Once upon a time we wanted to build a travel website. We've written for lots of prestigious publishers, but knew a few writers who had published their own websites, so we wanted to try it. But where to begin? You need a dozen different skills to produce a quality website, and we only had a few of them! We knew we could write, but even that wasn't straightforward. Writing for the internet is very different from writing for the printed page.
Learn to Write for the Internet
We started to learn about internet writing through becoming Feature Writers at Suite101, Mike writing about travel in the UK and Ireland and Donna writing on travel about the Southwest USA and Hawaii.
SEO and HTML? Easy as SBI
We entered the murky world of SEO (Search Engine Optimization) and HTML (Hypertext Markup Language). They were both a long way from the world of travel.
We bought some website design software, Microsoft Expression Web, and scratched our heads as we tried to get to grips with it. Our first attempts at designing pages looked pathetic... as did our second, third and fourth attempts. We learned a little about domain names, and FTP, and sizing photos for web use, and Google AdSense, which made NoSense to us.
We realised that writing the site – the one and only thing we felt confident about – was only going to be 10% of the job, if that. We knew we were in for the long-haul, and even a primitive website looked to be at least 12 months away.
Then purely by chance we found a website that said 'Powered by Site Build It!' across the bottom of the page. The site looked quite impressive, so we clicked on the link. And our lives changed. We don't say that for dramatic effect, it's just a statement of the truth.
Travel Website Case Studies
We took a look at this page of Successful Case Studies, with a very close look at the travel websites, naturally. It was this more than any other page that made us take Site Build It seriously. If they could do it, so could we.
And we looked at this page, about working from home.
And this page on how to turn your knowledge into revenue.
And finally this page, on turning your travels into an online business.
And after a day or two of mulling it over, and wondering what the catch was as it seemed too cheap to be so good, we went to the Order Page and signed up.
How Does a Travel Website Make Money?
Within a week we had our domain name registered and our home page started, and within a month we had our first 20 pages online. We also had our first AdSense revenue from the website. Later we added a few Affiliate links, which bring a small commission if someone books a hotel or a flight or a rental car though the website.
Then we added an e-book, which we sell for only a few dollars but it sells steadily, day after day.
You're on the site now so you know what it looks like. We could forget about keeping up with SEO and HTML and worrying about how to design a website, as Solo Build It does all that for you. We just got on with what we wanted to do – writing about travel. Solo Build It took care of the rest.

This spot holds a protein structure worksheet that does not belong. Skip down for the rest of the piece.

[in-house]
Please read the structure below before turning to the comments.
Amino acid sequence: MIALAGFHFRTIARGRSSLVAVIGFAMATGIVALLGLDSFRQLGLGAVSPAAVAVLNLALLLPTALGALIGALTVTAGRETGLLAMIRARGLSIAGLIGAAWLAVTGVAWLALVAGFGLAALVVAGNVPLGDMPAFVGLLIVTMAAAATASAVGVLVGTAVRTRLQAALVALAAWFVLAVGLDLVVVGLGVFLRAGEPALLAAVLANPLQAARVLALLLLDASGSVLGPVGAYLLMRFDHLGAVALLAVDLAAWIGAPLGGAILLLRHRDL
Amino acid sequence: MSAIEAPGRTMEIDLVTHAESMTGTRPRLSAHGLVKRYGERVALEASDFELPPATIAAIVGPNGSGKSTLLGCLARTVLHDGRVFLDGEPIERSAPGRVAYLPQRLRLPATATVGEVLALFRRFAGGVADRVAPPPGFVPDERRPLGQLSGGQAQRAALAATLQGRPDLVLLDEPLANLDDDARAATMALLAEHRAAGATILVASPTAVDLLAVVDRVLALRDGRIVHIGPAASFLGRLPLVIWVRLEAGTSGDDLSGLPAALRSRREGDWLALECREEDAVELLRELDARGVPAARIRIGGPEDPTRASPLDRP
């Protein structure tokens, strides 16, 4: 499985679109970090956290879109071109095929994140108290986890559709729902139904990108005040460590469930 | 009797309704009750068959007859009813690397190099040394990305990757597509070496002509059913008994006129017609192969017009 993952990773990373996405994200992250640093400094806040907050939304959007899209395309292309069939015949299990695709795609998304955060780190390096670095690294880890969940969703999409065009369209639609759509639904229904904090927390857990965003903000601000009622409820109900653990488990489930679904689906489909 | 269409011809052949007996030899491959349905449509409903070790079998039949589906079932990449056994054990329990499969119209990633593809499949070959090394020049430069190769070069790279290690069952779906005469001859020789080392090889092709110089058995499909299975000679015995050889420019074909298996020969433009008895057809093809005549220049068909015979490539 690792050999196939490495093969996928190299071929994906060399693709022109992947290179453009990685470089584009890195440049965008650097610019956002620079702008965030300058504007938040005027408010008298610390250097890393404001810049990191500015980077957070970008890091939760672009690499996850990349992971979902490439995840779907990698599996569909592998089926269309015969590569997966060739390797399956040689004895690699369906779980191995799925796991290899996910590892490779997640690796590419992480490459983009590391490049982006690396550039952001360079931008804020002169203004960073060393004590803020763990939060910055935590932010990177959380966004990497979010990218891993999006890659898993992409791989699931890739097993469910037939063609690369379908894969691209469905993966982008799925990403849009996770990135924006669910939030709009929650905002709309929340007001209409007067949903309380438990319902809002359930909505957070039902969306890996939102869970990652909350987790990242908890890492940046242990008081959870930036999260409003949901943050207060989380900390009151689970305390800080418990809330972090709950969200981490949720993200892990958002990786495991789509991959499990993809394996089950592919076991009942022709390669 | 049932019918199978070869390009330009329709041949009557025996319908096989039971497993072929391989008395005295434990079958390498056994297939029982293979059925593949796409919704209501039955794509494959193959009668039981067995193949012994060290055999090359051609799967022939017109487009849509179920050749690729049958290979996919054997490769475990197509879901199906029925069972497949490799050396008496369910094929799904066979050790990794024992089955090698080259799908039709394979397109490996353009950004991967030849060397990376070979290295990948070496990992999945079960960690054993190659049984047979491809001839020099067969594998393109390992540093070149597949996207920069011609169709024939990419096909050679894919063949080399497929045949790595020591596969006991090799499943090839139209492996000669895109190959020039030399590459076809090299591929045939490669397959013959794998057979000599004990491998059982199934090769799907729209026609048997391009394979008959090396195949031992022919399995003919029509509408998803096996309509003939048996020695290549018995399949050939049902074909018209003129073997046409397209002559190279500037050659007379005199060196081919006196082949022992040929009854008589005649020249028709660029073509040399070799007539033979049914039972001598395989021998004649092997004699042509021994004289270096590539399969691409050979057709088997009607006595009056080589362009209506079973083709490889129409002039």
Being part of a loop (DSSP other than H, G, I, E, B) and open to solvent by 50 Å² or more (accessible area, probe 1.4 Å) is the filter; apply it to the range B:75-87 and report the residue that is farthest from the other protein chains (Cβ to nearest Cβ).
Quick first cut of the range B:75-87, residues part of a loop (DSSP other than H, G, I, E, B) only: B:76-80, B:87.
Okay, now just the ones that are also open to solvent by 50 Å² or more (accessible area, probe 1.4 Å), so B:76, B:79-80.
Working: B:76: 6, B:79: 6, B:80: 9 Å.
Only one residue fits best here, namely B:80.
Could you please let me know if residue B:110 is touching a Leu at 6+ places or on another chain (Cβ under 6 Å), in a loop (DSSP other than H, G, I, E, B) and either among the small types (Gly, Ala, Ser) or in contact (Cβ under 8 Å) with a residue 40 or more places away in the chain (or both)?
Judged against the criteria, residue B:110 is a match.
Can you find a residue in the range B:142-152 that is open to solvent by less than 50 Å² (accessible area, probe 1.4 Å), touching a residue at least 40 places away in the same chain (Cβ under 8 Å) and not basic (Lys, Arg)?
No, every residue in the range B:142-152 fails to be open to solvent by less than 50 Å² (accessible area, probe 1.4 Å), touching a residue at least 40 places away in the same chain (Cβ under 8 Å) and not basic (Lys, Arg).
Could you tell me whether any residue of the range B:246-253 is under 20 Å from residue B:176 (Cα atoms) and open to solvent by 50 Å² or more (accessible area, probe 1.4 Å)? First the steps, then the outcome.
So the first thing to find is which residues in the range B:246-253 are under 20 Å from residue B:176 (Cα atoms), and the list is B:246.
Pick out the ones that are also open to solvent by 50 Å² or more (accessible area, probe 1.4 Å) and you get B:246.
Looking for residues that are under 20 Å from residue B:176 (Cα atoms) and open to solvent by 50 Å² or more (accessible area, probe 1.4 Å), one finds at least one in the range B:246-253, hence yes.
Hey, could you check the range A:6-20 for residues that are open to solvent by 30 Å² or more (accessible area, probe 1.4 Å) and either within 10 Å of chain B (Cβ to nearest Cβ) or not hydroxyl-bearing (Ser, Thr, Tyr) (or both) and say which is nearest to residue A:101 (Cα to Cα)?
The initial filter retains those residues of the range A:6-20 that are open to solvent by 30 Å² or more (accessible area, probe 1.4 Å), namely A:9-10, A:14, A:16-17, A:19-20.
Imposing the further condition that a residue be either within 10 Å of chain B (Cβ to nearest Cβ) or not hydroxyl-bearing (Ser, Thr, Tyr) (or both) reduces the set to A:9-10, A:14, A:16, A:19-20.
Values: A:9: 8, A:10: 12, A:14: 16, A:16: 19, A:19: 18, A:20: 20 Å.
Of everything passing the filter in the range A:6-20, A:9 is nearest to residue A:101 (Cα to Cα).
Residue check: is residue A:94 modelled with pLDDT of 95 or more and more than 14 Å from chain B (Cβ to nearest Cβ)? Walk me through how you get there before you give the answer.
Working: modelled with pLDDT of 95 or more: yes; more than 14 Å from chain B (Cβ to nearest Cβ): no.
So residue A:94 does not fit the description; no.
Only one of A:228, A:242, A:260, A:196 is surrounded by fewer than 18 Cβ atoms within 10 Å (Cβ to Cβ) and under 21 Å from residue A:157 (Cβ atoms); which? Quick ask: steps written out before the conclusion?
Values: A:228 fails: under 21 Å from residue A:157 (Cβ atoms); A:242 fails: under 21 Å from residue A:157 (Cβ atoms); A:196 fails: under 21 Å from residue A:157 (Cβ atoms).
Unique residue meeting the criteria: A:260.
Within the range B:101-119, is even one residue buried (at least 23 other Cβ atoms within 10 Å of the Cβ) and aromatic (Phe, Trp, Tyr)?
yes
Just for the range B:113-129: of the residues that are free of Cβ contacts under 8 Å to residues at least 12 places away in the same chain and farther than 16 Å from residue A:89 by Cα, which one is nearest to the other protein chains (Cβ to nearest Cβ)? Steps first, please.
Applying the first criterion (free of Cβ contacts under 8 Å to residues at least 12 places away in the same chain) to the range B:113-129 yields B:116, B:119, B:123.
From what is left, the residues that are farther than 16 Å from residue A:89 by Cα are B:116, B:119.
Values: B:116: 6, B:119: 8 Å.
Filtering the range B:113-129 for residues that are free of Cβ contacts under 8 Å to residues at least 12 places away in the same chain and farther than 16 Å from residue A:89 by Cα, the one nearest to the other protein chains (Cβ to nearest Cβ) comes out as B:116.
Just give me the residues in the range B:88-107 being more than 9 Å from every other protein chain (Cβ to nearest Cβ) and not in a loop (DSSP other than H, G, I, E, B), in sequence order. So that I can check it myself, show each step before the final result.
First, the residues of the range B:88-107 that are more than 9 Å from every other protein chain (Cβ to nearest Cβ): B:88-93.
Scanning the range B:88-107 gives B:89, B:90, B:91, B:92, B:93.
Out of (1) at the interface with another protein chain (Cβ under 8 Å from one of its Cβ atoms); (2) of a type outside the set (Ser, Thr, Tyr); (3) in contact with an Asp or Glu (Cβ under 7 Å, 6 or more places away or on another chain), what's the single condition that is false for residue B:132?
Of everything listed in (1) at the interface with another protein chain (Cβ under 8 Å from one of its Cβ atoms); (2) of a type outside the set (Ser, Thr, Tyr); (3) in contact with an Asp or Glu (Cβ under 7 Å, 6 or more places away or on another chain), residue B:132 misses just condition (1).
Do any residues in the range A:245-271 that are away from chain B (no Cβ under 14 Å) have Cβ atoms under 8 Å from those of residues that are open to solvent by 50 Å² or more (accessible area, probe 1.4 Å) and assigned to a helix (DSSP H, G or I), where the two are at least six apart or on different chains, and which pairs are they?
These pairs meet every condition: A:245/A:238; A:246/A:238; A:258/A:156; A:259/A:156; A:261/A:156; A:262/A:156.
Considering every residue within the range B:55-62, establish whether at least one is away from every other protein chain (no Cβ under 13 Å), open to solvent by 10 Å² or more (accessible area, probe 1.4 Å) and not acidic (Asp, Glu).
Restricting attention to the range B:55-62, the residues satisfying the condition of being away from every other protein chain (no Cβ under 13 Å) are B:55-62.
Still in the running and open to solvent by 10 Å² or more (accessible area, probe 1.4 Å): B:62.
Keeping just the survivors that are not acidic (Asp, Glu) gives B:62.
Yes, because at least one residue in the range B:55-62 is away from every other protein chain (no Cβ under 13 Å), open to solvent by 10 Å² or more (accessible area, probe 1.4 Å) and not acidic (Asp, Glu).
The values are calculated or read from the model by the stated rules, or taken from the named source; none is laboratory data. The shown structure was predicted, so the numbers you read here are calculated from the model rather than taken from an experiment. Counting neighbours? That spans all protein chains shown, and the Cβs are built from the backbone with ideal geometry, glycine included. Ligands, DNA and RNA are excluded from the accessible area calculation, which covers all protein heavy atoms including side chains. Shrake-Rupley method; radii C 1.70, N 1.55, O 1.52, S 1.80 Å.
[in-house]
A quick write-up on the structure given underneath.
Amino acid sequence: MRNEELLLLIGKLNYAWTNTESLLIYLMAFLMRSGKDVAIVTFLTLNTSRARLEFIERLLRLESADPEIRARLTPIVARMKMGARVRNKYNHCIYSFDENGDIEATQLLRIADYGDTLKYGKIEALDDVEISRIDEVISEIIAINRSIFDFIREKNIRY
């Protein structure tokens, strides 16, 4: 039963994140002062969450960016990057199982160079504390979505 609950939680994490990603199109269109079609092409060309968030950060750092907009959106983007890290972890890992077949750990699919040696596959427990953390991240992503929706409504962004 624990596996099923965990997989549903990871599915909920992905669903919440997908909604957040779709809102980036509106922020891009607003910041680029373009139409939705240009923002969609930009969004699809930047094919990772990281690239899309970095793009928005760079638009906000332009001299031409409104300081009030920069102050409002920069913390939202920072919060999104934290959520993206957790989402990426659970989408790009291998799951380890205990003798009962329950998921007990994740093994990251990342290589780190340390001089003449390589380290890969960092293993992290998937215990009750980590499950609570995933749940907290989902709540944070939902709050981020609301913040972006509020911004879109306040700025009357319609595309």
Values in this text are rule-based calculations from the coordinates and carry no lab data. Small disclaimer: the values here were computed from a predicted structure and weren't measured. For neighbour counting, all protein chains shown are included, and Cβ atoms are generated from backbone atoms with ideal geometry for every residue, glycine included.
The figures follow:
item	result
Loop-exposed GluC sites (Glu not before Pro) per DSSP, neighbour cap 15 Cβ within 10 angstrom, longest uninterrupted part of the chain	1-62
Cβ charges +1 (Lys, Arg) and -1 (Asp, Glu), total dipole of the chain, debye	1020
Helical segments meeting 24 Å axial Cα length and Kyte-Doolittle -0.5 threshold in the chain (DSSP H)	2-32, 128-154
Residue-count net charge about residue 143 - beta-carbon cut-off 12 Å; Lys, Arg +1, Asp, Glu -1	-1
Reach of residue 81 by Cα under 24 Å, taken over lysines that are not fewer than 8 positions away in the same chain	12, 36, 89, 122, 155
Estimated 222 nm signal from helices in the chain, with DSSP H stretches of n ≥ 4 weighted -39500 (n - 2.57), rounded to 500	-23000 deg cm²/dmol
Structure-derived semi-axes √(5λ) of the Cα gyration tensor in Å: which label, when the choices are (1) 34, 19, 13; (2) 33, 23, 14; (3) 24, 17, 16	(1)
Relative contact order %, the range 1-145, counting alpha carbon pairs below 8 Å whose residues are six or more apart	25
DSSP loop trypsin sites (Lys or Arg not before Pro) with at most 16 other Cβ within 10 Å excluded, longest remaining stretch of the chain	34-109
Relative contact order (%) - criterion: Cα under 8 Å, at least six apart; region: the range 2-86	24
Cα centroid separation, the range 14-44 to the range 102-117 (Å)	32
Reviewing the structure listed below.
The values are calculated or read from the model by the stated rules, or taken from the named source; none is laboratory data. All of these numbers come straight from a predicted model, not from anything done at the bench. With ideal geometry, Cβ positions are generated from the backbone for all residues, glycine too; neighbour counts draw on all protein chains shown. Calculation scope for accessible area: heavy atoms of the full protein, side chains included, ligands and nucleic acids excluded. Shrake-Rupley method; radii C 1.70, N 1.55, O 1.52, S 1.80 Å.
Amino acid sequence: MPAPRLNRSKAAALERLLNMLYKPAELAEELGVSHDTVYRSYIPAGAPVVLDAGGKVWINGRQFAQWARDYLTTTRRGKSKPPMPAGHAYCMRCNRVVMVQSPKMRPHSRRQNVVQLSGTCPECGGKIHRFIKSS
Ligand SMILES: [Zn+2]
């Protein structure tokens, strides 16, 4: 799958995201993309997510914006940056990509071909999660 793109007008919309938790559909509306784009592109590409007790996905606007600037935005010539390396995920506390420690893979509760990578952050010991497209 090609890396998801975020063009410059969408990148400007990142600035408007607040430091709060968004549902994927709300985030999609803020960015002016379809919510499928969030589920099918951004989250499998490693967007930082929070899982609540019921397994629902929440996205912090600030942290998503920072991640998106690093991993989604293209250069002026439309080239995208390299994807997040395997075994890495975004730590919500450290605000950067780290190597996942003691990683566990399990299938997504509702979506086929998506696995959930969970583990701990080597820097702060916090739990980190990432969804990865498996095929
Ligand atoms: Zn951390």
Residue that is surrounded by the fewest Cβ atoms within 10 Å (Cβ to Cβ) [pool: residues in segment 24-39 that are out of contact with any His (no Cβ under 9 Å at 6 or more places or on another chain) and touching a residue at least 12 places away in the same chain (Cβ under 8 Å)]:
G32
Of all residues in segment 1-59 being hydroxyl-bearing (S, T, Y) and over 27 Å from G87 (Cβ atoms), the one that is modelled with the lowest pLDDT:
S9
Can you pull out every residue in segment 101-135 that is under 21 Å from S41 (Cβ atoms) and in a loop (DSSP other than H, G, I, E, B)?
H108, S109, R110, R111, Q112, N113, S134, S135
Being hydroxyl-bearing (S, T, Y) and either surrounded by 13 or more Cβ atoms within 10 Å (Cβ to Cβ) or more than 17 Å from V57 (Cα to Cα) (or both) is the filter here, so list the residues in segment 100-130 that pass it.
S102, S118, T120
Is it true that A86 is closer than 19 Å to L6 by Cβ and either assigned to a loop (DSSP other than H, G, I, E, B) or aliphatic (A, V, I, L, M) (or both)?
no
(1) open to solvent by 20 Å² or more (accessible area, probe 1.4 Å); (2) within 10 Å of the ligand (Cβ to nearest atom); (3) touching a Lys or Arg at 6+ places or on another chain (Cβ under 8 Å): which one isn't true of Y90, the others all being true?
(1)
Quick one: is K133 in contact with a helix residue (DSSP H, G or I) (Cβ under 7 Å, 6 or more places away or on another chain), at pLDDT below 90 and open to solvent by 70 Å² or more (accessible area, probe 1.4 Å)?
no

And all it took was a click. The rest followed like day follows night.
The catch? We ain't found one yet! In fact we're so happy with the way this one is going, and the revenue it's bringing in, that we started a second one, Greece Travel Secrets.
Nov 28, 17 10:28 AM
From the world’s largest surf competition to the biggest corgi celebration, here is our pick of some of the top Huntington Beach Events in 2018.
Nov 16, 17 11:44 AM
Pacific Coast Highway Travel's website recommendations on Where to Stay in Carmel include reviews of the Mission Ranch, Sea View Inn, The Cypress Inn, Lamp Lighter Inn and Vagabond's House Inn.
Nov 16, 17 11:40 AM
This Carmel dog-friendly hotel, the historic Cypress Inn, is co-owned by movie legend Doris Day and offers luxury lodgings for pet-loving travelers (cats welcome too) in Carmel-by-the-Sea.
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To help you in choosing your Pacific Coast Highway hotel, guesthouse, inn, bed-and-breakfast, resort, motel or other accommodations, we've prepared our Pacific Coast Highway Hotels Guide. In it we do mini-reviews of accommodations along the Highway, from Seattle to San Diego, through Washington, Oregon, and California.
In all there are over 200 hotels listed, complete with 8 pages of color maps showing the towns where our recommended hotels can be found. There are both alphabetical and geographical indexes, helping you plan your journey.
We also include color photos of all the hotels that are our Personal Favorites. Here's the link to read more about our ebook guide to Pacific Coast Highway hotels.
The 2016 edition of our Hotels Guide is available with maps and color photos (if you have a color reader) in the US Kindle Store for only $4.99 and in the UK Kindle Store and other Kindle stores worldwide at prices based on the US price.
If you want a paperback edition of the 2016 guide with only black and white photos and black-and-white maps, it costs $6.99 at the US Amazon Book Store and £4.99 in the UK Amazon Store.